Vibrant commentary on art and society by a writer with a sharp eye for the offbeat.




A stellar collection of essays and reviews from the award-winning London-based writer.

Laing, the winner of the 2018 Windham-Campbell Prize for nonfiction, is often described as a cultural critic, but insofar as the term suggests a sole focus on the arts, it belies the wider sweep of these pieces, most of them previously published. A graceful stylist and superb reporter, the author is a journalist in the spirit of Michael Dirda, who calls himself “an appreciator” rather than a critic, and Laing includes no negative reviews here. Nonetheless, there’s plenty of first-rate arts criticism in her appreciations of painters like David Hockney and Jean-Michel Basquiat and novelists Patricia Highsmith and Sally Rooney along with musings on topics like gardening and a standout essay on the surrealistic horrors faced by an asylum-seeking refugee who spent 11 years “trapped in Britain’s infinite detention system.” Laing’s aesthetic tastes lean toward idiosyncratic or transgressive work that involves links between art and disaster, whether a crisis imperils the human body or the body politic. Disease and death stalk her pages—Kathy Acker’s breast cancer, Freddie Mercury’s AIDS, Georgia O’Keeffe’s agoraphobia, and Hilary Mantel’s migraines—but she brings a fresh and humane eye even to ills exhaustively covered elsewhere, such as David Bowie’s cocaine addiction. Afflicted with corneal edema, the painter Sargy Mann “took a hair dryer to the National Gallery, plugged it in and calmly dried his soggy, waterlogged eye in order to see the paintings.” Laing sinks only briefly into lit-crit jargon in discussions of “reparative reading,” and sometimes her enthusiasms run away with her. Were the 700 or so poems by Frank O’Hara truly “as original and lovely as anything of the century”? Still, the author’s praise never appears less than genuine or unsupported by deep observation, and she consistently shows the talent James Wood ascribed to Mantel: She has “the maddeningly unteachable gift of being interesting.”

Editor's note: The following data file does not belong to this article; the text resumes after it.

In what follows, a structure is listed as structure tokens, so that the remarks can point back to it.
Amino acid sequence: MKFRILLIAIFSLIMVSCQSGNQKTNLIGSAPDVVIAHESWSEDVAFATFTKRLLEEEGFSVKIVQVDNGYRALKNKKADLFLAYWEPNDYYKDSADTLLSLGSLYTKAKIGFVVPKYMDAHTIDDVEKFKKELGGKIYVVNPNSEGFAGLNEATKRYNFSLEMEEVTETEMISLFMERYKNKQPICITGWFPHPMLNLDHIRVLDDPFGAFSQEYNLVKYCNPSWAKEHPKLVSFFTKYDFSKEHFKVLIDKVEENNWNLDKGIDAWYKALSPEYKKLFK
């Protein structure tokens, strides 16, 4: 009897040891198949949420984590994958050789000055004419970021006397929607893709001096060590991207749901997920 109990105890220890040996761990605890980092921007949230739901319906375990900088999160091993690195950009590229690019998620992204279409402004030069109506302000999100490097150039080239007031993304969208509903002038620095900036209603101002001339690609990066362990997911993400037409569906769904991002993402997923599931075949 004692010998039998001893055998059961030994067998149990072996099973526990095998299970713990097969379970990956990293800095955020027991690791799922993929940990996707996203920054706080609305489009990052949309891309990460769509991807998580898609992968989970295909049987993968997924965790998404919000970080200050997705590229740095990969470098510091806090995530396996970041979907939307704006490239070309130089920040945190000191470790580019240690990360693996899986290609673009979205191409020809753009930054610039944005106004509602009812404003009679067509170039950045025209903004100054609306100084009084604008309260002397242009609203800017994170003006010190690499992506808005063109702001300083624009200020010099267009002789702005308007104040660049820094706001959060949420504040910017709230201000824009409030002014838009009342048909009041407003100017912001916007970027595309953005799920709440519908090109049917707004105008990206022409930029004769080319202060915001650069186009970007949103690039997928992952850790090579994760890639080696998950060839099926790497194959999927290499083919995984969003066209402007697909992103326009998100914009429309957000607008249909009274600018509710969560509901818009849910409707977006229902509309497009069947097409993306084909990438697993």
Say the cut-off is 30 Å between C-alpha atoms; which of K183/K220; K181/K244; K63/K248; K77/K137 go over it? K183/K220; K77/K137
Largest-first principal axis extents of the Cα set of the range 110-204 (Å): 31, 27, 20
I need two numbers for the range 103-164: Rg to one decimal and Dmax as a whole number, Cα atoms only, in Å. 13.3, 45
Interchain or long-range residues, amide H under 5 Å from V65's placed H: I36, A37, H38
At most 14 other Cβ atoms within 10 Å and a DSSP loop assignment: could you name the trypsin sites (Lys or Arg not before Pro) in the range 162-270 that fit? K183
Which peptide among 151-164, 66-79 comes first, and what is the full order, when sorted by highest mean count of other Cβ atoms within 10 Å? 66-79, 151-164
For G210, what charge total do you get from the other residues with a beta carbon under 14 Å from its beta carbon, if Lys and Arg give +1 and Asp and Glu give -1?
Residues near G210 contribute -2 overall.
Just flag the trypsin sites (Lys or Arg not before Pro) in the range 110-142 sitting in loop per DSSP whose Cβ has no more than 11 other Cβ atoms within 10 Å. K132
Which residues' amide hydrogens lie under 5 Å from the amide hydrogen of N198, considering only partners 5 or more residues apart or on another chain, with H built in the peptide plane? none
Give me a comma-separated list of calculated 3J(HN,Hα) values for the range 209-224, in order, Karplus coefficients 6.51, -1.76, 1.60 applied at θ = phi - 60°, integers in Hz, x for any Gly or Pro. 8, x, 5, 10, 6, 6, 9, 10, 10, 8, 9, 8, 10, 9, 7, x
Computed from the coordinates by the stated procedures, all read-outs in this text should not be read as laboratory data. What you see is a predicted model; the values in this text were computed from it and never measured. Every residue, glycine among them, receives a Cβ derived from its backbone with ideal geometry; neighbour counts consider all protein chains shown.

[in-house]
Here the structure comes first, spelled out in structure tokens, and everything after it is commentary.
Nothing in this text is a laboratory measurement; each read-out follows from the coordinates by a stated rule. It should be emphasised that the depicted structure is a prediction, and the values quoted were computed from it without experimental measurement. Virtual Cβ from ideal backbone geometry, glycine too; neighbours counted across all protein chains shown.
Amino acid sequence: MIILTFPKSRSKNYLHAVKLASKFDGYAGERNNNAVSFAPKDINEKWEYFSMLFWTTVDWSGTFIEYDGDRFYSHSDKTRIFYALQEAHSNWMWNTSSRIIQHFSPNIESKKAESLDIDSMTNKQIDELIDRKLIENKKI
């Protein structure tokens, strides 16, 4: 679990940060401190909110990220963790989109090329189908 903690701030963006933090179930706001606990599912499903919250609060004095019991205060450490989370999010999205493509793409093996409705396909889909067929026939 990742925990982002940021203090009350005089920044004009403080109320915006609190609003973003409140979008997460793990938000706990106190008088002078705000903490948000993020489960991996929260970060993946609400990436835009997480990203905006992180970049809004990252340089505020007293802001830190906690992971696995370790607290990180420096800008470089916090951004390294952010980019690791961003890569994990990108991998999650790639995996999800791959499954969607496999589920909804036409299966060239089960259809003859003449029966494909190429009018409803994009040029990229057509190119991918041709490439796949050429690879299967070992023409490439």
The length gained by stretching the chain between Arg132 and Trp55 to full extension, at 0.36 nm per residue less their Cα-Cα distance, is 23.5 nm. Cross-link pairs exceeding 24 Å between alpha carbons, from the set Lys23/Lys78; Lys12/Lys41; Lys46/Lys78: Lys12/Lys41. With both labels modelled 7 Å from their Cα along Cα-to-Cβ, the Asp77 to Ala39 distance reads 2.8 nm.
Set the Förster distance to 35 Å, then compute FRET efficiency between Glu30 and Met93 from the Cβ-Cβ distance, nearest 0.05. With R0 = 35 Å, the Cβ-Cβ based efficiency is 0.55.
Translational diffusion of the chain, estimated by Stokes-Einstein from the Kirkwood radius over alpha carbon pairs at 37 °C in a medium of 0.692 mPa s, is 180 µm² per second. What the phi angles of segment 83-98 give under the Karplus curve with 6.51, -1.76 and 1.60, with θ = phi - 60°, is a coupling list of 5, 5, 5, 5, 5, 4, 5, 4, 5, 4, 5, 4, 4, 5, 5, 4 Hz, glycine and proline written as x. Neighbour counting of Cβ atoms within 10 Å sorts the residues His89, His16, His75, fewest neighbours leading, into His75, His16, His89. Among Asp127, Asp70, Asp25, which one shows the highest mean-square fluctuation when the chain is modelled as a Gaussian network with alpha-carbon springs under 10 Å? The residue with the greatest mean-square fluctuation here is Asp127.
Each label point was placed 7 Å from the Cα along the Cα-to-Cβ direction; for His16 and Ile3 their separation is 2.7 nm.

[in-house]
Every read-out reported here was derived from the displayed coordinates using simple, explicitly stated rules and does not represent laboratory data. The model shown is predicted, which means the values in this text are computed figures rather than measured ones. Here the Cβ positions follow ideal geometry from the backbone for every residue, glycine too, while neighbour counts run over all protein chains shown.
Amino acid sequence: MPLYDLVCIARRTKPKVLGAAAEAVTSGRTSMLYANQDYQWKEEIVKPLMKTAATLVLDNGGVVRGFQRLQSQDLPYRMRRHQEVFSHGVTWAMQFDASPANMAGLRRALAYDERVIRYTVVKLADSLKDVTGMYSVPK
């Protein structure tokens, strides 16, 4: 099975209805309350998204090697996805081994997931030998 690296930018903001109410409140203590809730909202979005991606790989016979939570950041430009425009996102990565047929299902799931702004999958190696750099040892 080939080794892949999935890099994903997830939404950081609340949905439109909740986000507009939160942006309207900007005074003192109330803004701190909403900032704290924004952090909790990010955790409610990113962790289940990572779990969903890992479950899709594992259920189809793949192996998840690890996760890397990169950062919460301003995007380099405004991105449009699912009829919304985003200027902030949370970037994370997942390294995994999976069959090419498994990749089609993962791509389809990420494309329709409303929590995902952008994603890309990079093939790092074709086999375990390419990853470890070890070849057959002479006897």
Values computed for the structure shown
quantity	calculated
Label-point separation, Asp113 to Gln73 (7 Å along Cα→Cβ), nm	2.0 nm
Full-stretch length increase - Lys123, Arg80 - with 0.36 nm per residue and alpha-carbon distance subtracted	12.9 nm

Vibrant commentary on art and society by a writer with a sharp eye for the offbeat.

Pub Date: May 12, 2020

ISBN: 978-1-324-00570-4

Page Count: 272

Publisher: Norton

Review Posted Online: Jan. 26, 2020

Kirkus Reviews Issue: Feb. 15, 2020

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A dazzling visual homage to a music icon gone too soon.


A Los Angeles–based photographer pays tribute to a legendary musician with anecdotes and previously unseen images collected from their 25-year collaboration.

St. Nicholas (co-author: Whitney: Tribute to an Icon, 2012, etc.) first met Prince in 1991 at a prearranged photo shoot. “The dance between photographer and subject carried us away into hours of inspired photographs…and the beginning of a friendship that would last a lifetime.” In this book, the author fondly remembers their many professional encounters in the 25 years that followed. Many would be portrait sessions but done on impulse, like those in a burned-out Los Angeles building in 1994 and on the Charles Bridge in Prague in 2007. Both times, the author and Prince came together through serendipity to create playfully expressive images that came to represent the singer’s “unorthodox ability to truly live life in the moment.” Other encounters took place while Prince was performing at Paisley Park, his Minneapolis studio, or at venues in LA, New York, Tokyo, and London. One in particular came about after the 1991 release of Prince’s Diamonds and Pearls album and led to the start of St. Nicholas’ career as a video director. Prince, who nurtured young artists throughout his career, pushed the author to “trust my instincts…expand myself creatively.” What is most striking about even the most intimate of these photographs—even those shot with Mayte Garcia, the fan-turned–backup dancer who became Prince’s wife in 1996—is the brilliantly theatrical quality of the images. As the author observes, the singer was never not the self-conscious artist: “Prince was Prince 24/7.” Nostalgic and reverential, this book—the second St. Nicholas produced with/for Prince—is a celebration of friendship and artistry. Prince fans are sure to appreciate the book, and those interested in art photography will also find the collection highly appealing.